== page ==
DAILY NEWS: Luhrmann to Open Cannes; James Yee Obituary; and Taos Films
by Anthony Kaufman and Brian Brooks/indieWIRE
>> "Moulin Rouge" Does the Cannes Cannes On Opening Night
(indieWIRE/03.21.01) -- Baz Luhrmann's "Moulin Rouge" is the first confirmed new title to screen at the 54th Cannes Film Festival, it was announced on Tuesday. It will open the fest's competition section. 20th Century Fox
produced the movie, which marks a return to studio fare in the Cannes
line-up after a dismal showing in recent years. Gilles Jacob, President of
the Festival, declared in an official announcement: "I am especially pleased
to open the festivities at Cannes [with] a studio film that revisits the
best show traditions of entertainment."
"Moulin Rouge" takes place in the decadent cabaret world of 1890's Paris,
and is scheduled for release in the U.S. on May 18th. Ewan McGregor stars as
a young poet, who, according to the film's official website is "taken in by
the absinthe-soaked artist Toulouse-Lautrec [John Leguizamo], whose
party-hard life centers around the Moulin Rouge, a world of sex, drugs,
electricity and the shocking Can-Can." The film also stars Nicole Kidman,
Jim Broadbent and singer Kylie ("Do The Loco-Motion") Minogue.
Australian director Baz Luhrmann, who screened his film "Strictly Ballroom"
in Cannes in 1992, was more than pleased. "I still have wonderful memories
from when Cannes launched my first film, so this is indeed an exciting
announcement for me. I am particularly gratified that an American-financed
film almost completely created in Australia, and specific to French culture
and history, has been embraced this way by Cannes," said the director.
The 54th International Festival du Film will take place May 9 - 20. Also
confirmed to screen at the festival is a special director's cut of Francis
Ford Coppola's "Apocalypse Now." [Anthony Kaufman]
>> James Yee, ITVS Executive Director and Public Television Advocate Loses Battle with Cancer
(indieWIRE/03.21.01) -- Former executive director of the Independent
Television Service (ITVS), James T. Yee died Saturday, March 17th, in
Piedmont, California following an 18-month battle with cancer. He was 53.
Joining an early group of fellow producers advocating ITVS' formation,
Yee is credited for leading the organization, eventually created by
Congress in 1991 to increase the diversity of public television and
funded through the Corporation for Public Broadcasting, through the
tumultuous period of changes in visual formats and congressional funding
cuts. Funding was later restored in no small measure through Yee's
efforts and the confidence placed in him by CPB.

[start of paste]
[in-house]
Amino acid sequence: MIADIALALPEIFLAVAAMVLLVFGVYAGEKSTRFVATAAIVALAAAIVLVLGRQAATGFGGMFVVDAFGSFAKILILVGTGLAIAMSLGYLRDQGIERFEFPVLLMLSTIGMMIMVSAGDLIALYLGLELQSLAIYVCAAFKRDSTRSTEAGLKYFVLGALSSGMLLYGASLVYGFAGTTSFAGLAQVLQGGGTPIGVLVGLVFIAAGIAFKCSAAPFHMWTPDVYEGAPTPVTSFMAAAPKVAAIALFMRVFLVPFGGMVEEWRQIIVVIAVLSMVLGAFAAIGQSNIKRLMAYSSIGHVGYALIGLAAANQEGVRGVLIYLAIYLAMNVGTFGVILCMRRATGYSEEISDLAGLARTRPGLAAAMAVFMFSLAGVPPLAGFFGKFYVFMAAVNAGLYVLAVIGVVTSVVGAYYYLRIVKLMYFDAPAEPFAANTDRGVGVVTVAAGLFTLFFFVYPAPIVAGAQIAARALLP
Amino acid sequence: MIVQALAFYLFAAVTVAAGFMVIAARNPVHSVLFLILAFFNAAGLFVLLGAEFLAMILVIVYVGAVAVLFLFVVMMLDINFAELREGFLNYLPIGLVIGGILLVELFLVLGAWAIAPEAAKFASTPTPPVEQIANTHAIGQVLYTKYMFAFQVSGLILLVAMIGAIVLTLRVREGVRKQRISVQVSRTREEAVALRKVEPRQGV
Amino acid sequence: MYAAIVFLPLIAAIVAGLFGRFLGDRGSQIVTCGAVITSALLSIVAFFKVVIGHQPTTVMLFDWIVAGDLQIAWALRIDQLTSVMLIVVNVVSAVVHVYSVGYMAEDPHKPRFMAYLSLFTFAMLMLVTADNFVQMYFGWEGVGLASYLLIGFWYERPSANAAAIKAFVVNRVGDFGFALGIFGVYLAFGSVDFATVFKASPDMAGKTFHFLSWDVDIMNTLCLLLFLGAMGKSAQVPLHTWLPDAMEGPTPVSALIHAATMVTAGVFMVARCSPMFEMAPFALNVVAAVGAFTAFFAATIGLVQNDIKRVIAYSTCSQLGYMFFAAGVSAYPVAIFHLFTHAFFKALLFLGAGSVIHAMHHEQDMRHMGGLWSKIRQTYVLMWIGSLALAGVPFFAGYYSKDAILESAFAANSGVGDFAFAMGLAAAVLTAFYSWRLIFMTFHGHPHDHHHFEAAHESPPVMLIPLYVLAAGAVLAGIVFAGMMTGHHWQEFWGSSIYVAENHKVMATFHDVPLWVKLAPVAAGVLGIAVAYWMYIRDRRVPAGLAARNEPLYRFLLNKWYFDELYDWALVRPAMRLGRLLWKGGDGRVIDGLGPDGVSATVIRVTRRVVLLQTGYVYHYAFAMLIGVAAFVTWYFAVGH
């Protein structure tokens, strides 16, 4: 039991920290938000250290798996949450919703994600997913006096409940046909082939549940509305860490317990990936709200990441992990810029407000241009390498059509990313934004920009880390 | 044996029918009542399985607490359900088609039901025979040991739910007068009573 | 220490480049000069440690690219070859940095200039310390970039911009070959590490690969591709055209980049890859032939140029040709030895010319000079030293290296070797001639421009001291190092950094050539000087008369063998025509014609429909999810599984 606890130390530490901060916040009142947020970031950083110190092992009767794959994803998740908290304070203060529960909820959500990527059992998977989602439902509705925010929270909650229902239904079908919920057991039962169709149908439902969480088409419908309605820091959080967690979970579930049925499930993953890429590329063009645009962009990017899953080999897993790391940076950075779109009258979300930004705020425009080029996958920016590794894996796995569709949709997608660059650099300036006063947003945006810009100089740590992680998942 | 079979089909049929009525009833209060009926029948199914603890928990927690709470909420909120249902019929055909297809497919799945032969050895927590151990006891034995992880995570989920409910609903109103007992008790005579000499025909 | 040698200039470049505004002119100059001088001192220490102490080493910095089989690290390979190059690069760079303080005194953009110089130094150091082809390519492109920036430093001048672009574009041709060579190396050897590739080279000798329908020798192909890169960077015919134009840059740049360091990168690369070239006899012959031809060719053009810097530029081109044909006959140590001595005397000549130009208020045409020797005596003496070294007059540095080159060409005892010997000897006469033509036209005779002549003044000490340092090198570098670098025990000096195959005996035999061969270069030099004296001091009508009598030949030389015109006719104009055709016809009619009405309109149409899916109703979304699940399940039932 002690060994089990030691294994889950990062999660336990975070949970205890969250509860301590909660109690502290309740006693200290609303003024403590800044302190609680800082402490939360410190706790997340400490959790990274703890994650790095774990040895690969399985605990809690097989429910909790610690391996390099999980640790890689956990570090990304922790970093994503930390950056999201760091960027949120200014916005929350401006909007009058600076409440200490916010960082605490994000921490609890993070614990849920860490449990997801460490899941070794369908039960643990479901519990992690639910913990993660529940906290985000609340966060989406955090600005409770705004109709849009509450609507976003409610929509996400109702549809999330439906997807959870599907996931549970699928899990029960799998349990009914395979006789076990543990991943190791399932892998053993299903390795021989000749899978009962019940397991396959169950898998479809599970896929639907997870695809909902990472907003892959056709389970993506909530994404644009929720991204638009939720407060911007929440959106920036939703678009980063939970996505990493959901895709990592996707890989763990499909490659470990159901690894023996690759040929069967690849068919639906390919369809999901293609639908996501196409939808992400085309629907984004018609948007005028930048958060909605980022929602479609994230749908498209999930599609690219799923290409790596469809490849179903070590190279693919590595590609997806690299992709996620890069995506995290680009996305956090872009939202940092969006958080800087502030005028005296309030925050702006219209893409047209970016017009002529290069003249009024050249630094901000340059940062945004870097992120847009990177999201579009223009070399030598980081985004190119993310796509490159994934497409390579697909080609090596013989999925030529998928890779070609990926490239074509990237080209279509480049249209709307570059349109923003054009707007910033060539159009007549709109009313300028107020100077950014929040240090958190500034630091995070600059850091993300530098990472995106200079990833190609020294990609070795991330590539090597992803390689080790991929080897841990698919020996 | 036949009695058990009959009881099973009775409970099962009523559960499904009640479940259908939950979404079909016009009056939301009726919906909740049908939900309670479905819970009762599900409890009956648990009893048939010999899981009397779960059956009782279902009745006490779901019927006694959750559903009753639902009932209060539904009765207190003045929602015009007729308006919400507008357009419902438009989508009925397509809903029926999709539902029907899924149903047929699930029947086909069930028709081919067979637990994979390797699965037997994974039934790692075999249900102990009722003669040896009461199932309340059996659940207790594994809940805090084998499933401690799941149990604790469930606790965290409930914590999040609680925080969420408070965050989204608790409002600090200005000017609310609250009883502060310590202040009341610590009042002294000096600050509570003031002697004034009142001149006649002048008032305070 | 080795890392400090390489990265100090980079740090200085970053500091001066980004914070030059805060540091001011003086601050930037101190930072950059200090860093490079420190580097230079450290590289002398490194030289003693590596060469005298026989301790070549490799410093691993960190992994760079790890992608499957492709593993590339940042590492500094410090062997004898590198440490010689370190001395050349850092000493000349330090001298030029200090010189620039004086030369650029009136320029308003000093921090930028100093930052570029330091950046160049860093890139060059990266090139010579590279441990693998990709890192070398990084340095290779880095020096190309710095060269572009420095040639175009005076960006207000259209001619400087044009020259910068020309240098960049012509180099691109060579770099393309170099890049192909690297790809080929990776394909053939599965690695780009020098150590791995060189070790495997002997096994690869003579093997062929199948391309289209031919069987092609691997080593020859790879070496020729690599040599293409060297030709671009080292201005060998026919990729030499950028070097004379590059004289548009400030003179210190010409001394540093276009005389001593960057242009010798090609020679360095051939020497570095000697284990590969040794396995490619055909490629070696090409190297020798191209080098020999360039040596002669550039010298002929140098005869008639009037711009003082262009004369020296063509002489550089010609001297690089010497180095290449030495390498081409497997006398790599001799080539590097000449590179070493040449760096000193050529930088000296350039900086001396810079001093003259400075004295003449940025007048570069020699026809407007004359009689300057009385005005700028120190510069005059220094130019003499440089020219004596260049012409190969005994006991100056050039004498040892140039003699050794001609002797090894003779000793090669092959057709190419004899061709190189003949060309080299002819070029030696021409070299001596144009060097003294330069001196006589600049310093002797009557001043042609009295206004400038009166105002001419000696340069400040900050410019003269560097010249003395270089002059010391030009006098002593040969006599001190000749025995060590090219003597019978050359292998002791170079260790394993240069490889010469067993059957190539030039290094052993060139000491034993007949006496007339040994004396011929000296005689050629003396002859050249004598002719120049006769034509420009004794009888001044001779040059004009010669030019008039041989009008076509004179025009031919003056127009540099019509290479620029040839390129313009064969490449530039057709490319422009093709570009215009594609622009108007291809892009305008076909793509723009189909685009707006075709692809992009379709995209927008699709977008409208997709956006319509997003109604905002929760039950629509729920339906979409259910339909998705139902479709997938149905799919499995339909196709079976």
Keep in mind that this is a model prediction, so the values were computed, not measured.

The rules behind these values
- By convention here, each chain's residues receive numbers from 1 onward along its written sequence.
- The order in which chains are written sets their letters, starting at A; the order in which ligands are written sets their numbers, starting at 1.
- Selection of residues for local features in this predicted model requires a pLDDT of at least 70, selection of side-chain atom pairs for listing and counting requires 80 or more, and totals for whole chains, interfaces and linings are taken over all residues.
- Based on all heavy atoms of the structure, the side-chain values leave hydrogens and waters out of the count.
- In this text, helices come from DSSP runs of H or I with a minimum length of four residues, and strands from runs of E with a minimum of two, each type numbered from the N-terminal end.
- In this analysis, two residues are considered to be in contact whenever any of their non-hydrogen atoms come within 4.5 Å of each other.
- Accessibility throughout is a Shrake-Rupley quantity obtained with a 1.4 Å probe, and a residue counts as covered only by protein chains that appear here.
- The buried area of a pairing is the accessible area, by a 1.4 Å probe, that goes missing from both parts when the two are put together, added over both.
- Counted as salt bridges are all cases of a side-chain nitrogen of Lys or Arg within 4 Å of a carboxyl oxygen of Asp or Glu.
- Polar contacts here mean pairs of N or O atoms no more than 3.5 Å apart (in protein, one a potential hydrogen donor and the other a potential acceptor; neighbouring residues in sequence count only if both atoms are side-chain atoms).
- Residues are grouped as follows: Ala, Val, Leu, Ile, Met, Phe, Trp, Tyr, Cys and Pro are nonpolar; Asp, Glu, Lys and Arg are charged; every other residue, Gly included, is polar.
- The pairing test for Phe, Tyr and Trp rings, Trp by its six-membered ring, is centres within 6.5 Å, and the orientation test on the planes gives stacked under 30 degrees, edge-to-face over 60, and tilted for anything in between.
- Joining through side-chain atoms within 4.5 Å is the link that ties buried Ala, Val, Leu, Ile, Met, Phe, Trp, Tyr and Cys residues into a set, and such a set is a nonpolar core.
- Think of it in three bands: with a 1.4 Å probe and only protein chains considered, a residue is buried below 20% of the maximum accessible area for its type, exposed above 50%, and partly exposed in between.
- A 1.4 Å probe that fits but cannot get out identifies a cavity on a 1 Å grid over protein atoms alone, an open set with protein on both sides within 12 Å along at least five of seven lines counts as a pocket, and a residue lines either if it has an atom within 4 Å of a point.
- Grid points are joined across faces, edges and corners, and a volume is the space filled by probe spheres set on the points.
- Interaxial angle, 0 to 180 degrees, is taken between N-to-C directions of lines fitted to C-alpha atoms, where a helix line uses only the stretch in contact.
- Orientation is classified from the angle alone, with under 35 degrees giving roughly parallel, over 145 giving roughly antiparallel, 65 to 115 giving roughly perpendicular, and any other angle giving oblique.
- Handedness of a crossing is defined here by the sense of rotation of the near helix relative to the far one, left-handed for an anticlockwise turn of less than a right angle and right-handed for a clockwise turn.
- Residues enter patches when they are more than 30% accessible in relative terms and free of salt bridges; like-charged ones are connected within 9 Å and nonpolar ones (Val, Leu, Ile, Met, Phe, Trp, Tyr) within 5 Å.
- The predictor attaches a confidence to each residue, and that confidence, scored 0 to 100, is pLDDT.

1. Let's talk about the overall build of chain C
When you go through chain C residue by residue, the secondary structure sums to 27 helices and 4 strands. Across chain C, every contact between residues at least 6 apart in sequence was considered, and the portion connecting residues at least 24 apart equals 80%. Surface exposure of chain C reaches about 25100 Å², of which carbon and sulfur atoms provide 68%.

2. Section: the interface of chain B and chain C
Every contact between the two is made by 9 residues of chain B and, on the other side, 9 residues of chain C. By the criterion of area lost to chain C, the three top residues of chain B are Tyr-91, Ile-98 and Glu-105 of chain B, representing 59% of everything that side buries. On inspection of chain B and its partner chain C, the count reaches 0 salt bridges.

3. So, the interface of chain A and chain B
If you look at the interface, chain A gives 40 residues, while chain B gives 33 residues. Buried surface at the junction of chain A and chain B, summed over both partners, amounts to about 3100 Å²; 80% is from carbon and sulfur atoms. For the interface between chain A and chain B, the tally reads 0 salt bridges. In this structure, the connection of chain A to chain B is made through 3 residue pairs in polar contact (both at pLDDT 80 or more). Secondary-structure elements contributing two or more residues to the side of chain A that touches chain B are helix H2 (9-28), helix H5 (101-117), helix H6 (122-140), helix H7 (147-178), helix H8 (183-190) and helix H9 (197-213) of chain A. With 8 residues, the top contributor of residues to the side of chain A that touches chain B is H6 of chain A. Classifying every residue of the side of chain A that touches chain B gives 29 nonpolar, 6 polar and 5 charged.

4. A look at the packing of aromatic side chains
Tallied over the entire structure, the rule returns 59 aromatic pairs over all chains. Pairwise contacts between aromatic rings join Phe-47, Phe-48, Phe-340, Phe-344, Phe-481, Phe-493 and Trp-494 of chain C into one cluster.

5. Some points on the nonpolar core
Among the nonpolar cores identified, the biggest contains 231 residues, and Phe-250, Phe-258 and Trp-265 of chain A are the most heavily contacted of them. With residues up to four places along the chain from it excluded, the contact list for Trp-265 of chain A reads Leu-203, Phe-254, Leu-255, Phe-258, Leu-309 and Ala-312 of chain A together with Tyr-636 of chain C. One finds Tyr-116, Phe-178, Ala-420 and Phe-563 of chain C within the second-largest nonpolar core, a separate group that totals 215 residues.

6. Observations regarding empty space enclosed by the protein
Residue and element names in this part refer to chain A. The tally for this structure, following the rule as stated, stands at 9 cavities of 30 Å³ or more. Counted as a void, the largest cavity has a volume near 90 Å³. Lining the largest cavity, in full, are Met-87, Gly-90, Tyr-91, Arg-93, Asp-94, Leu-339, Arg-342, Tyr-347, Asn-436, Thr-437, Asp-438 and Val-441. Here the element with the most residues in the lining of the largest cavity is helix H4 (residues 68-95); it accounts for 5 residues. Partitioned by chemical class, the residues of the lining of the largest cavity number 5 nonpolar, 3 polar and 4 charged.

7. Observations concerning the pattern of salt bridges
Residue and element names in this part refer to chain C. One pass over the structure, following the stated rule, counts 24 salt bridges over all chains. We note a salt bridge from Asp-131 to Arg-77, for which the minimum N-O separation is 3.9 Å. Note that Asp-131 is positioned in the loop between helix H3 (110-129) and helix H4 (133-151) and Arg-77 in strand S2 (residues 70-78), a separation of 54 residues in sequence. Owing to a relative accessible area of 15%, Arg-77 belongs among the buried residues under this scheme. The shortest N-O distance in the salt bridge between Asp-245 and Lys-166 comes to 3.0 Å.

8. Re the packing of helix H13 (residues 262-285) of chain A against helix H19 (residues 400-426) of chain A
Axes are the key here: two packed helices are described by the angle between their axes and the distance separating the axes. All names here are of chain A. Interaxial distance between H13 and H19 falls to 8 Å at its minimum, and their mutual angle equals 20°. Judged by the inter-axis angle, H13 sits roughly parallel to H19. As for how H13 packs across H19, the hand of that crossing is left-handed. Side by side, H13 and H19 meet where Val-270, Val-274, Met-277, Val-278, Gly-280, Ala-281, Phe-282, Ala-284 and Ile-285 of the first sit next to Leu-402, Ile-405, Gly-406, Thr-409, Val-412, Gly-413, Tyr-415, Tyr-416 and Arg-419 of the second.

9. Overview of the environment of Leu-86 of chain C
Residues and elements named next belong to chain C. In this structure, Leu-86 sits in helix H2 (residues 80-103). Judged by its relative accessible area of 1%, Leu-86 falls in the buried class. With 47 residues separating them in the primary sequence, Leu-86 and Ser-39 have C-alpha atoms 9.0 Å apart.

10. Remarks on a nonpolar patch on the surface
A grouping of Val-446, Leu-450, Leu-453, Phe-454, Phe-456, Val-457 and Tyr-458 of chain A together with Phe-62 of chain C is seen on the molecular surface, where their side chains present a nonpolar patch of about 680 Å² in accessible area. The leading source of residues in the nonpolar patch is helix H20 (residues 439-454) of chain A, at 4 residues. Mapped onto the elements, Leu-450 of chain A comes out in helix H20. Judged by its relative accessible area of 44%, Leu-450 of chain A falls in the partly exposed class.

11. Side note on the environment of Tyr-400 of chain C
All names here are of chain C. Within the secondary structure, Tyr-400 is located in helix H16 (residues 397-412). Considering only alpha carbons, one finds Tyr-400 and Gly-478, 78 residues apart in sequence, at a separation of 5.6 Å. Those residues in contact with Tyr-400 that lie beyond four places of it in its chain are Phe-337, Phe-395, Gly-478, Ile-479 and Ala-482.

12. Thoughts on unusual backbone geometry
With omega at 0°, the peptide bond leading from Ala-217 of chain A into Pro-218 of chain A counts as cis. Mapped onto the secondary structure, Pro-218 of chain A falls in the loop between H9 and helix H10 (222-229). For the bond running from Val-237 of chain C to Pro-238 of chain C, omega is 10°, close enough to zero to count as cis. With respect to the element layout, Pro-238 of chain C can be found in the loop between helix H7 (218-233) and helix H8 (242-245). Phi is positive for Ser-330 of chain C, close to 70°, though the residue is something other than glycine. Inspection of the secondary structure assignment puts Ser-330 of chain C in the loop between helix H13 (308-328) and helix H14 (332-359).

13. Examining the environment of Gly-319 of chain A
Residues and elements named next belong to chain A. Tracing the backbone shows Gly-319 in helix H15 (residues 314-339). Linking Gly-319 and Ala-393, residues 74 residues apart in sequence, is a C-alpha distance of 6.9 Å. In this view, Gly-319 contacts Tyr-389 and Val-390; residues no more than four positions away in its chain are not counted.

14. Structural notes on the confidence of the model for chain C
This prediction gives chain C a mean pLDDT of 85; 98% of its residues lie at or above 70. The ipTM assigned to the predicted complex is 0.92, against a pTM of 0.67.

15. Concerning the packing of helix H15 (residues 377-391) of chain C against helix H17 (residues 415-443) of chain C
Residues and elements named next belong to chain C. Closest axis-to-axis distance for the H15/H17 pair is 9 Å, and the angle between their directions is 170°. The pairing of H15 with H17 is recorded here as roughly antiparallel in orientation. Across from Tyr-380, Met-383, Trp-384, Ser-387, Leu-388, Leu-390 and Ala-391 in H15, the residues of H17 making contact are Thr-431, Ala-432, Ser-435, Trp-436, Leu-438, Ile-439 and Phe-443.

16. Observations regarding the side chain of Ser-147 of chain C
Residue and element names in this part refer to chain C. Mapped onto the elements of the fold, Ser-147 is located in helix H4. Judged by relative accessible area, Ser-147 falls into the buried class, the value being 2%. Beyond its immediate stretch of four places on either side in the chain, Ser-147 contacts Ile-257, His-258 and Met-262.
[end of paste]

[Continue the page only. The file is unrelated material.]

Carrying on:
Mr. Yee also served as the first executive director of the National
Asian American Telecommunications Association (NAATA) which he helped
found. Through his service at NAATA, Asian American exposure on the
small and large screen increased. NAATA produces Asian American
programming on public television and organizes the San Francisco
International Asian American Film Festival. Additionally, Mr. Yee
served on the boards of many public radio organizations and Bay Area
film commissions. He also was a member of President Clinton's Advisory
Committee on the Public Interest Obligations of Digital Television
Broadcasters, created to address the digital transition of television.
Aside from his distinguished presence in public television, Yee
produced many documentaries including "a.k.a. Don Bonus," co-directed
by Spencer Nakasako and Sokly Ny which received an Emmy in 1997. Additionally, he served as a VISTA volunteer in rural Nebraska
concentrating on tenant organizing and childcare and worked as a middle school teacher in Vermont.
Yee was born in the Bronx, New York and graduated from Fairleigh
Dickinson in addition to his masters degree in Early Childhood
Education from Antioch and was an Urban Studies Fellow at Massachusetts
Institute of Technology. He is survived by his wife, two children and
three siblings. [Brian Brooks]
>> Taos Unveils Slate; Land Grant Finalists Announced
(indieWIRE/03.21.01) -- The Taos Talking Picture Festival kicks off April 5
with the world premiere of "Face to Face," a comedy starring Dean Stockwell and Scott Baio, and directed by Ellie Kanner (the casting director behind
"Friends" and "Sex in the City") and runs through April 8.
Several awards will be given out at the fest, including the legendary Taos
Land Grant Award, which comes with five acres of land in Taos. This year's
finalists are James Fortier for "Alcatraz Is Not an Island," Chris Hegedus and Jehane Noujaim for "Startup.com," Lukas Moodysson for "Together," Christopher M